I thought I’d raise a discussion on just what exactly iterators are, a simple view might be that they’re just a sequence of values which can be gotten using .next(). However this is simplified because iterators .next can actually do three things:


   They can yield a value


   They can return a value


   They can throw an error

With these three things in mind how should we actually consume these things called iterators.

The current methods are (in addition to the await versions in async-iteration):

1. The for-of loop but it can only use non-completion values
2. Manually calling .next e.g. in a while loop

One place I’m aware of all three things being used is in coroutines (which have two way communication) but are there other places where errors/returns are actually used for iterators? As an example where I might consider using both non-completion and completion values in an iterator is for hinting progress values as an example I’ve actually written (but using Workers and progress events instead) a library to generate a Range Minimum Query for a very large array of data, but suppose we had implemented this using some fictional IterableWorker:

|// Inside iterable worker function* createMinQueryTree(data) { const result = new Uint8Array(data.length*2) const chunkSize = Math.floor(data.length/1000) for (let i=data.length; i >= 0; i--) { const leftChild = 2*i + 1 const rightChild = 2*i + 2 result[i] = Math.min(data[leftChild], data[rightChild]) if (i % chunkSize === 0) { yield i/data.length } } return result } // Send progress messages somehow ... // Inside main program const worker = new IterableWorker('./createMinQueryTree.js') const iter = worker.postMessage(data)[Symbol.iterator]() bar = new ProgressBar() let result while (true) { const {done, value} = iter.next() if (done) { // If done then our value is the result result = value break } bar.displayProgress(value) } bar.dispose() ... // Do stuff with result |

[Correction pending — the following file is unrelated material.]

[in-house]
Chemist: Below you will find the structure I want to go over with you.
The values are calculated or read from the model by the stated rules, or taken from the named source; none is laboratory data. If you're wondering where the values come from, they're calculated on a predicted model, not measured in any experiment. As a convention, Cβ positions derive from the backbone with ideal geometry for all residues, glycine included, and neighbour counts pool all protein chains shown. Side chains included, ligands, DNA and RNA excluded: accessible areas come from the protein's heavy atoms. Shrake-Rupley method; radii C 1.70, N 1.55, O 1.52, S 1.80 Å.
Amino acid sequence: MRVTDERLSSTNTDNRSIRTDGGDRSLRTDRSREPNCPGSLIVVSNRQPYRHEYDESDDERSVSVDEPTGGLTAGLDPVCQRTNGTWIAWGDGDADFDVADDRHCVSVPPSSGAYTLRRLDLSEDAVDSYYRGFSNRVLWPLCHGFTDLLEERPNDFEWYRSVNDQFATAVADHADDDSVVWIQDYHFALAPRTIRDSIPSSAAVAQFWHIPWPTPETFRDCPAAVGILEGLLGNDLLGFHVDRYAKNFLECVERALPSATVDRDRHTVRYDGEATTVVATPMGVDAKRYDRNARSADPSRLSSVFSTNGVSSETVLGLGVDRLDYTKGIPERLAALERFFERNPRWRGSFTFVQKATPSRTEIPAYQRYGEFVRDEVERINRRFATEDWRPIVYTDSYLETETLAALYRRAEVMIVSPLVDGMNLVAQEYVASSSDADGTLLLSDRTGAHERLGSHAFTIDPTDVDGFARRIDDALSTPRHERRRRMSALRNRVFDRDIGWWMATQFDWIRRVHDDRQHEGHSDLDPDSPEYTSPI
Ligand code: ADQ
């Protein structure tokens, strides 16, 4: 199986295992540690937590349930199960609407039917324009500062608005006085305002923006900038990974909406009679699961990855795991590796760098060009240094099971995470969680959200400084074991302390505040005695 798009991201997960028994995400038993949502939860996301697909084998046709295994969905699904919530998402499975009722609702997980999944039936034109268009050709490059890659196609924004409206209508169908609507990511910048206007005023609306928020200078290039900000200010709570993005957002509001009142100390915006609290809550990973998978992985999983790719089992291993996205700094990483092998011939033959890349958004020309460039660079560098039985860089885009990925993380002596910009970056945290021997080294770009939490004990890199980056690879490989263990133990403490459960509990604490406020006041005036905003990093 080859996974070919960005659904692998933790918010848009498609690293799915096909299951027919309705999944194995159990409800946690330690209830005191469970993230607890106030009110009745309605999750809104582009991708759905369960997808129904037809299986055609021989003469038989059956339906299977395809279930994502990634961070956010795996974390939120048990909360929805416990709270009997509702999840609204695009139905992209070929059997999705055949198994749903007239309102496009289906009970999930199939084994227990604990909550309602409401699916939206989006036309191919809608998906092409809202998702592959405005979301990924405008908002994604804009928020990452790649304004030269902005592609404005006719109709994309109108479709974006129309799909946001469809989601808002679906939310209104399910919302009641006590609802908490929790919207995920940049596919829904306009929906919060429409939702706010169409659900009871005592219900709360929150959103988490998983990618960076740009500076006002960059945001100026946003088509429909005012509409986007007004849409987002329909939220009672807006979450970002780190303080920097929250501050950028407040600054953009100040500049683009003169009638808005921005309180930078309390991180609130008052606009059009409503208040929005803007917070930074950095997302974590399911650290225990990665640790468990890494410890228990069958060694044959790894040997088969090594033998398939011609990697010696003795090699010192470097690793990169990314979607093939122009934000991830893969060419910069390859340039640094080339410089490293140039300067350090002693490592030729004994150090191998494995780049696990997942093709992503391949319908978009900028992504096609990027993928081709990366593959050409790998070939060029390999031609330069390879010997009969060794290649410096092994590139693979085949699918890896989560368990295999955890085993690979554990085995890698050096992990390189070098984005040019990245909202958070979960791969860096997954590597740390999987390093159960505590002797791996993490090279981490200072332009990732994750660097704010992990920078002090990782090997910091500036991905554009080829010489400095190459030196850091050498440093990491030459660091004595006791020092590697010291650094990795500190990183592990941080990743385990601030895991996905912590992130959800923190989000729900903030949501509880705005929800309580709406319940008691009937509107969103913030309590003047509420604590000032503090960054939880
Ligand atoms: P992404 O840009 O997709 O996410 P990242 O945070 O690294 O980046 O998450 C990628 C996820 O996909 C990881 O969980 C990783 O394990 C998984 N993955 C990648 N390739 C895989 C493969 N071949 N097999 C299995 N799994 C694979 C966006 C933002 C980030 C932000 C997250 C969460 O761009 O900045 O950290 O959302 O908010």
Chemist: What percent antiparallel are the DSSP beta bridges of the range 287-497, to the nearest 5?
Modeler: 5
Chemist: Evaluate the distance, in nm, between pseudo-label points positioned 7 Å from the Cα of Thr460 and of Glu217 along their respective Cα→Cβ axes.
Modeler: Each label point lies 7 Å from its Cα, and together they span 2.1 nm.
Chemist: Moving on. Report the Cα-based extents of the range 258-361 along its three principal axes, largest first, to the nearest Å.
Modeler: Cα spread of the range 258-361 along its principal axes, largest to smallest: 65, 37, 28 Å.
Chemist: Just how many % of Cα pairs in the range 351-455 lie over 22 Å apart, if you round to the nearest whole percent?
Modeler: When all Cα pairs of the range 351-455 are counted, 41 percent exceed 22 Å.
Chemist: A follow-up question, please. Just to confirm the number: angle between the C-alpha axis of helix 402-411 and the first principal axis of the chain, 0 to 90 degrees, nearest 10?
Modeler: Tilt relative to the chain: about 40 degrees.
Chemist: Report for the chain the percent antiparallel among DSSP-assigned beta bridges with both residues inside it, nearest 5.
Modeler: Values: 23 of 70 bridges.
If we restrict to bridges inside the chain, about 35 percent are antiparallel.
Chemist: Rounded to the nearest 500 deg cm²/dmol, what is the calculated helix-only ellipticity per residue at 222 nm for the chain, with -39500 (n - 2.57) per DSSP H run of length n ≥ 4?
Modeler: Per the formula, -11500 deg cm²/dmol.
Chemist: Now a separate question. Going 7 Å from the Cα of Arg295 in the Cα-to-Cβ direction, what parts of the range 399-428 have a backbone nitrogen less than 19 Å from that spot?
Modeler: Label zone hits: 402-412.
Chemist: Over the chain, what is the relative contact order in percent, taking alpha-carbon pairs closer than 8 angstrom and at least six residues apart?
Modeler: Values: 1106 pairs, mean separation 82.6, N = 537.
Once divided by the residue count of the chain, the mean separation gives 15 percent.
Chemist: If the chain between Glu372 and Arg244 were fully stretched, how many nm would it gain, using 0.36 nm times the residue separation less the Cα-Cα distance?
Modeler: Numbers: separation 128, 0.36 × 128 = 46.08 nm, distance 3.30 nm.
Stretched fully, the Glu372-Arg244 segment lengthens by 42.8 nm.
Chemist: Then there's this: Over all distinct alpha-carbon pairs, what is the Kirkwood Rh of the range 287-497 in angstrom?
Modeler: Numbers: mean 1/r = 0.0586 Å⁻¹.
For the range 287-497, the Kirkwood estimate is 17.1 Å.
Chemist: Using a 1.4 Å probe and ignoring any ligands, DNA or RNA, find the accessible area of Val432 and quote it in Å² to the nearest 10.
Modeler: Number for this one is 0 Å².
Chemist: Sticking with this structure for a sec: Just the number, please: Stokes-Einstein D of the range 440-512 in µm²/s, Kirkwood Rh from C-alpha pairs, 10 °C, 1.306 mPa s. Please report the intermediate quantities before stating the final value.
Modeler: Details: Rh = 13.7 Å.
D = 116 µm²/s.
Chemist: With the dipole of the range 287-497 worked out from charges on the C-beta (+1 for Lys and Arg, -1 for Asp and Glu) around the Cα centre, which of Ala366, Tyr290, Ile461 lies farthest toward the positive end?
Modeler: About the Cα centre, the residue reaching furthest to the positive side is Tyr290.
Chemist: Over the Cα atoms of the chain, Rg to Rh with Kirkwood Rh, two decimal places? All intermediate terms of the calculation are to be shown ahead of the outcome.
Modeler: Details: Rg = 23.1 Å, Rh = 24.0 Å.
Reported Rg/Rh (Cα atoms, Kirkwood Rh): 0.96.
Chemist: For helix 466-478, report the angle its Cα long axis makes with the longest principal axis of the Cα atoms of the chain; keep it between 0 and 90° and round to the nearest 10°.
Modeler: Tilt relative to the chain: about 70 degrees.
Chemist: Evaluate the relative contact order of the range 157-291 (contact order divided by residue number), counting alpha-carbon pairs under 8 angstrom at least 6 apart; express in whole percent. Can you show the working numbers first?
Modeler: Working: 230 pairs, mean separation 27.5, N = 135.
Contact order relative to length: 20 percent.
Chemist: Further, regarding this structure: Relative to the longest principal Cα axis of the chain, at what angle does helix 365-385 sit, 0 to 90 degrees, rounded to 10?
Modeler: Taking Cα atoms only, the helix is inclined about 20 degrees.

Of course this might be an antipattern (if so can someone suggest how one would /actually/ go about doing something like this), but assuming this is reasonable it would be far nicer if we had some fictional construct such as:

|const bar = new ProgressBar() for (let progress of worker.postMessage(data)) { bar.displayProgress(progress) } then (result) { ... // Do stuff with result } bar.dispose() ... // Do stuff with result |

We could even extend this construct with catch e.g.

|const bar = new ProgressBar() for (let progress of worker.postMessage(data)) { bar.displayProgress(progress) } catch (err) { doSomethingToRecover(err) } then (result) { ... // Do stuff with result } finally { bar.dispose() } |


Questions I have:

 * What do people use iterators for other than just data sequences?
 * What ways are there to represent sequences such as progress that
   have a completion value?
 * Even if the above example is an anti-pattern would the expository
   syntax still be useful for other purposes?
 * If the above example is an anti-pattern what might code for the
   above situation look like using Iterators/AsyncIterators and
   for-of/for-await-of loops or is this problem fundamentally not
   expressible in a clean way using these constructs?
 * I believe this syntax would cause ambiguity with different styles
   e.g. this would be ambiguous

   |for (let i of it) { ... } then (...) // This would be parsed a
   function call { // Followed by a block ... } |

   so what alternatives might there be (|else| maybe?)?

All other feedback is welcome too.

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